• Corpus Callosum is cut; done to control severe epilepsy (seizure disorder). • Result: The person now has two brains in one body. • This operation is rare and is often used as a last resort

Central Cortex Lobes
• Occipital: Back of brain; vision center • Parietal: Just above occipital; bodily sensations such as touch, pain, and temperature • Temporal: Each side of the brain; auditory and language centers • Frontal: Movement, sense of smell, higher mental functions – Contains motor cortex; controls motor movement

Association Cortex
• All areas of the cerebral cortex that are not primarily sensory or motor in function

Aphasia
• Speech disturbance resulting from brain damage

Broca’s Area
• Language area in brain related to grammar and pronunciation – If damaged, person knows what s/he wants to say but can’t say the words

Wernicke’s Area
• Related to language comprehension – If damaged, person has problems with meanings of words, NOT pronunciation

Facial Agnosia
• Inability to perceive familiar faces

Subcortex
• All brain structures below cerebral cortex • Hindbrain (Brainstem): Lowest portions of the brain; includes cerebellum, medulla, pons, and reticular formation

Cerebellum
• Located at base of brain; regulates posture, muscle tone, and muscular coordination • Also stores memories related to skills and habits

Medulla
• Connects brain with the spinal cord and controls vital life functions such as heart rate and breathing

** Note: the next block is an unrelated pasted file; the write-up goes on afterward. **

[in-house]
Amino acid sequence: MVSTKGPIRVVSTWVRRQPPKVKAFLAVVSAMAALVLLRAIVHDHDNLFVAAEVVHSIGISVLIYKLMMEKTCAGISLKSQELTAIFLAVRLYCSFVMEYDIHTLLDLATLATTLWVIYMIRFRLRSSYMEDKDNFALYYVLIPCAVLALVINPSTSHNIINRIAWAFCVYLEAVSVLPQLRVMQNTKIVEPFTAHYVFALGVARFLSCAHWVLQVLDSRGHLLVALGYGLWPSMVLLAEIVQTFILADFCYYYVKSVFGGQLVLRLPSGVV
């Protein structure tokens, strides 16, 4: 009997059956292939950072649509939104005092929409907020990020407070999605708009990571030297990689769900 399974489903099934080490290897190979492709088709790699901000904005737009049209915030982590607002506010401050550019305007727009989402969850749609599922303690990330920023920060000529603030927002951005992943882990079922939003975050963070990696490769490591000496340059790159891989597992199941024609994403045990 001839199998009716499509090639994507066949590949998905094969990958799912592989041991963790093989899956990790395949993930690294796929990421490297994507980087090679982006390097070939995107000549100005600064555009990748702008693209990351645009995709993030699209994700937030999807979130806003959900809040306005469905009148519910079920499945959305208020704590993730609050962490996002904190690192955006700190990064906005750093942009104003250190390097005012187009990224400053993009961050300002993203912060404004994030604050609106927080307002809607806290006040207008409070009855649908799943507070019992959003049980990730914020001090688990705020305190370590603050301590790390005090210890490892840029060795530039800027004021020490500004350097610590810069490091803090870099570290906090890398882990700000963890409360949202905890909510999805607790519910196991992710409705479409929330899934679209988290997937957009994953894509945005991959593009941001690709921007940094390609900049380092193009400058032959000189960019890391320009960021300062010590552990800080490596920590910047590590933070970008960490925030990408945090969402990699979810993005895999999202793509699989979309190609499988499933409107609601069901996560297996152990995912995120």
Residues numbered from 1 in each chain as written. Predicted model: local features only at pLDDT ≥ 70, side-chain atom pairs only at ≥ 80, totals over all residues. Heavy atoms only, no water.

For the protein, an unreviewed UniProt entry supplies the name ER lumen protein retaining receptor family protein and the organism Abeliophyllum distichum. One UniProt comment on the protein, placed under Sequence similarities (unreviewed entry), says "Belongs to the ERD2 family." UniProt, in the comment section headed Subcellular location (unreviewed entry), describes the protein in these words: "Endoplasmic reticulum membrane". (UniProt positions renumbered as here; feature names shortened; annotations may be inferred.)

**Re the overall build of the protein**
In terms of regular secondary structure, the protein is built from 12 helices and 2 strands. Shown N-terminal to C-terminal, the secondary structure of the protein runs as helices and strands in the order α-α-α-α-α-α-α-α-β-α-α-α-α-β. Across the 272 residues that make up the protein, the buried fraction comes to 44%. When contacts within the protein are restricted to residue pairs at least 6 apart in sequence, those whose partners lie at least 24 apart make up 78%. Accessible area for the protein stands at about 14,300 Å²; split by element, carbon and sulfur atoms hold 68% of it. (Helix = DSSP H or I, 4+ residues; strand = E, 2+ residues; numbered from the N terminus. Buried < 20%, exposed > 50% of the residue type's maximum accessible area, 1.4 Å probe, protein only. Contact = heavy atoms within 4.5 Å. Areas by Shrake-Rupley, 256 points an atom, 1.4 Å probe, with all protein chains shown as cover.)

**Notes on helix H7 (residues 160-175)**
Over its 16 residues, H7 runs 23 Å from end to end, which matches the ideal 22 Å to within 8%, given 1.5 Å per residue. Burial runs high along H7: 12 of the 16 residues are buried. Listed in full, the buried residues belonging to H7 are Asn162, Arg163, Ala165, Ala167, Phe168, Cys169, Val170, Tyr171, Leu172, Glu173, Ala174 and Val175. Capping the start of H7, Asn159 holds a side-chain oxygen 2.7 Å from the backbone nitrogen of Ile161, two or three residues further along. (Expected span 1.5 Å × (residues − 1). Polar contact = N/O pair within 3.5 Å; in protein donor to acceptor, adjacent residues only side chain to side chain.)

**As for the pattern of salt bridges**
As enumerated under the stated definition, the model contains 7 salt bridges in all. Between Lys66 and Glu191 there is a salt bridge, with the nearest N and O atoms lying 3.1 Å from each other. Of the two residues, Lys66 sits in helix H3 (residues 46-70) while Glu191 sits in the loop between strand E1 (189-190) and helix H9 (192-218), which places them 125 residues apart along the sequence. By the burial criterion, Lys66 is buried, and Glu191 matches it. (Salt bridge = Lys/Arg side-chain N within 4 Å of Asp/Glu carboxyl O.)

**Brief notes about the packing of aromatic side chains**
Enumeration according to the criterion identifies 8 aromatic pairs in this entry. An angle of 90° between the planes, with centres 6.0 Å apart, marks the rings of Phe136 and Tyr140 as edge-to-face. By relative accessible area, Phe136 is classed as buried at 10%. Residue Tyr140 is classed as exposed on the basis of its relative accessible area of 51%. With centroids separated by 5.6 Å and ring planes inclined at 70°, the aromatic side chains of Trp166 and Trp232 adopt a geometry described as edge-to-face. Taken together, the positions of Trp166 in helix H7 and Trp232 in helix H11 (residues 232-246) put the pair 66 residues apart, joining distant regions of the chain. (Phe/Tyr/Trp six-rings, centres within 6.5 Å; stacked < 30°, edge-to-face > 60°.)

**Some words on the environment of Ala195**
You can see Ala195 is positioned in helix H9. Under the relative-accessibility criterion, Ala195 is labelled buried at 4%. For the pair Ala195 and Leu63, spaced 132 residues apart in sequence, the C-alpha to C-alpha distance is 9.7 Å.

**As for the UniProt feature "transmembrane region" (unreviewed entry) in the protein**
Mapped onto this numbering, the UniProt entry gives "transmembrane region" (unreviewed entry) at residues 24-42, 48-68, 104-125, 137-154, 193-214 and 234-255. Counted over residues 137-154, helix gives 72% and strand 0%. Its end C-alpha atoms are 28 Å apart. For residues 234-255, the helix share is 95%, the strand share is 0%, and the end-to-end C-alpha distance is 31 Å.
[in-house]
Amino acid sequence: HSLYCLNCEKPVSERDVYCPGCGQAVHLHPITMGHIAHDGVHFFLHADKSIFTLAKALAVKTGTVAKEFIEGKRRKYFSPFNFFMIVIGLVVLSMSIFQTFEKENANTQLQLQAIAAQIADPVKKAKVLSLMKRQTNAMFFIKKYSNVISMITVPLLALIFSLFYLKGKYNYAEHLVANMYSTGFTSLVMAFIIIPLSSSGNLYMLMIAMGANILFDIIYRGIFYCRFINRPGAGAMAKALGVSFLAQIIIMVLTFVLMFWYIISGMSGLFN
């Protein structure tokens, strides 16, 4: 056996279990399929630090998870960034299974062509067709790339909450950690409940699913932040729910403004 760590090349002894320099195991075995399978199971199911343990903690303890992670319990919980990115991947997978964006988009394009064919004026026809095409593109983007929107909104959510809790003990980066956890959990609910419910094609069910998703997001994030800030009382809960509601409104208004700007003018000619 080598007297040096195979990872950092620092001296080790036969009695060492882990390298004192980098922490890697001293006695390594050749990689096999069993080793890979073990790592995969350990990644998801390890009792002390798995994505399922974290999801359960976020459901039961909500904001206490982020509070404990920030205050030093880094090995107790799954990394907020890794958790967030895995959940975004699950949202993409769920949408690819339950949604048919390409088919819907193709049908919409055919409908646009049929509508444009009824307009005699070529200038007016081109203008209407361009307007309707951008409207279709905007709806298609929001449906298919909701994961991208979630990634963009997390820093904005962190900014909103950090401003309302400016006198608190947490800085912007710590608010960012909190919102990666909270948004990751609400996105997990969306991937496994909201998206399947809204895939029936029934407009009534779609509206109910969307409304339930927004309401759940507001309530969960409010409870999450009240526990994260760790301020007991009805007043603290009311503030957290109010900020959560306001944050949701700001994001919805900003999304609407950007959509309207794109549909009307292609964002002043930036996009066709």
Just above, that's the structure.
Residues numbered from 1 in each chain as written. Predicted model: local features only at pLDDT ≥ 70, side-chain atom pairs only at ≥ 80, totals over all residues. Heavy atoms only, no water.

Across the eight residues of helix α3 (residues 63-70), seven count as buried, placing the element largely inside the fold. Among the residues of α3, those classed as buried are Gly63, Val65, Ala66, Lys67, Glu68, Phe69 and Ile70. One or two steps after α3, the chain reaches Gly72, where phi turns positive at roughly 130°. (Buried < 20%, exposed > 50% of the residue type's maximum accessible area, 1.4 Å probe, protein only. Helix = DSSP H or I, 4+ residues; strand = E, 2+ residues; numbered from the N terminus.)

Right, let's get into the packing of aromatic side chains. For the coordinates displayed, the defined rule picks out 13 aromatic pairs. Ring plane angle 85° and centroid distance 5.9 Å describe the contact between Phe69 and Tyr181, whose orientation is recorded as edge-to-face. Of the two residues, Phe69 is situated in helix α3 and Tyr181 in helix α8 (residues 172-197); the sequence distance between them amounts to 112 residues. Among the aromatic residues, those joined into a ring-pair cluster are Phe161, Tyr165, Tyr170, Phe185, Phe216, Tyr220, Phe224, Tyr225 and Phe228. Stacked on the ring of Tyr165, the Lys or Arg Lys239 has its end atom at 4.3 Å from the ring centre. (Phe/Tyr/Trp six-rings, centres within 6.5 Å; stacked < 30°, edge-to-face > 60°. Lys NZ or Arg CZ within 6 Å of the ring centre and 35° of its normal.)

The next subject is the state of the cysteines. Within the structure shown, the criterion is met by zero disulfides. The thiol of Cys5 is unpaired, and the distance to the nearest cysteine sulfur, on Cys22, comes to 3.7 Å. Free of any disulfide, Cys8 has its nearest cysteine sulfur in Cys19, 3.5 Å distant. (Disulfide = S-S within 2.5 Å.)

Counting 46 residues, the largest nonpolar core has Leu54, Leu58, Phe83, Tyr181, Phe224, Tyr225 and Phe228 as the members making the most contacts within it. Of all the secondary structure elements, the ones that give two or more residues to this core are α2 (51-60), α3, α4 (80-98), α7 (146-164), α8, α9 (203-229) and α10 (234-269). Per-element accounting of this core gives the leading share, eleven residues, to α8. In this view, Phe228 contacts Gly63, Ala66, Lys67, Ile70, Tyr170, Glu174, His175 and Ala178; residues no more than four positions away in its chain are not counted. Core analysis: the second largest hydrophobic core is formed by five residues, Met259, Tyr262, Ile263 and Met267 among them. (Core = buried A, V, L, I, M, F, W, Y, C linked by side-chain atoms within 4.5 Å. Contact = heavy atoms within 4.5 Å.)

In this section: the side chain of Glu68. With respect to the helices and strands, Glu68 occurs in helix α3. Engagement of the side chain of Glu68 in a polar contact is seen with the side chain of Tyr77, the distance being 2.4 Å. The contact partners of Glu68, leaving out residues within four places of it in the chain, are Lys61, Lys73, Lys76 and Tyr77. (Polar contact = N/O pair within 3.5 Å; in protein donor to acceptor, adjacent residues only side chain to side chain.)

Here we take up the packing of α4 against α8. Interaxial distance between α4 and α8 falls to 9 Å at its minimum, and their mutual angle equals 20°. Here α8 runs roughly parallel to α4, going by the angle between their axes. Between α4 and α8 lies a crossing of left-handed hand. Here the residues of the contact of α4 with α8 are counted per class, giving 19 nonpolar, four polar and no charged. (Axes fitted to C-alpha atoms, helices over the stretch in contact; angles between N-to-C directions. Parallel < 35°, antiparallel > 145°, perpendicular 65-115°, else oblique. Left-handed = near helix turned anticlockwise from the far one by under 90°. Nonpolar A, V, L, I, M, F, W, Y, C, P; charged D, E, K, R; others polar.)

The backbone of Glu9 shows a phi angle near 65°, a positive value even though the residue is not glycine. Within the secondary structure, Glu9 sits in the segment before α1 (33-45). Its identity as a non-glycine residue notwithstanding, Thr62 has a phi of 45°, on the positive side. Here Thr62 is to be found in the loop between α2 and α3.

Pons (Bridge)
• Acts as a bridge between medulla and other structures – Influences sleep and arousal

Reticular Formation (RF)
• Lies inside medulla and brainstem – Associated with alertness, attention and some reflexes (breathing, coughing, sneezing, vomiting)

Reticular Activating System (RAS)
• Part of RF that keeps the cortex active and alert • Its alarm clock

Limbic System
• System within forebrain closely linked to emotional response – Thalamus: Relays sensory information to the cortex; switchboard – Hypothalamus: Regulates emotional behaviors and motives (e.g., sex, hunger, rage, hormone release) – Amygdala: Associated with fear responses – Hippocampus: Associated with storing memories; helps us navigate through space

Endocrine System
– Glands that pour chemicals (hormones) directly into the bloodstream or lymph system

Pituitary Gland
• Regulates growth via growth hormone – Too little growth hormone means person will be smaller than average • Hypopituitary Dwarfs: As adults, perfectly proportioned but tiny – Too much leads to giantism • Excessive body growth

Acromegaly
• Enlargement of arms, hands, feet, and facial bones – Too much growth hormone released late in growth period • Andre the Giant

Pineal Gland
• Regulates body rhythms and sleep cycles – Releases hormone melatonin, which responds to daily variations in light

Thyroid
• In neck; regulates metabolism – Hyperthyroidism: Overactive thyroid; person tends to be thin, tense, excitable, nervous – Hypothyroidism: Underactive thyroid; person tends to be inactive, sleepy, slow, obese

The Adrenal Glands
• Arouse body, regulate salt balance, adjust body to stress, regulate sexual functioning; located on top of kidneys. • Releases epinephrine and norepinephrine (also known as adrenalin and noradrenalin). – Epinephrine arouses body; is associated with fear. – Norepinephrine arouses body; is linked with anger.

The Adrenal Medulla
• Source of epinephrine and norepinephrine

Adrenal Cortex
• Produces hormones known as corticoids – Regulate salt balance – Deficiency in some types will cause powerful salt cravings – Oversecretion of adrenal sex hormones can cause virilism: exaggerated male characteristics (Bearded woman) – May also cause premature puberty (full sexual development in childhood) if occurs early in life

Handedness
• Preference for right or left hand • Dominant Hemisphere: Applies to side of person’s brain that produces language • Lateralization: Difference in the abilities of the brain’s hemispheres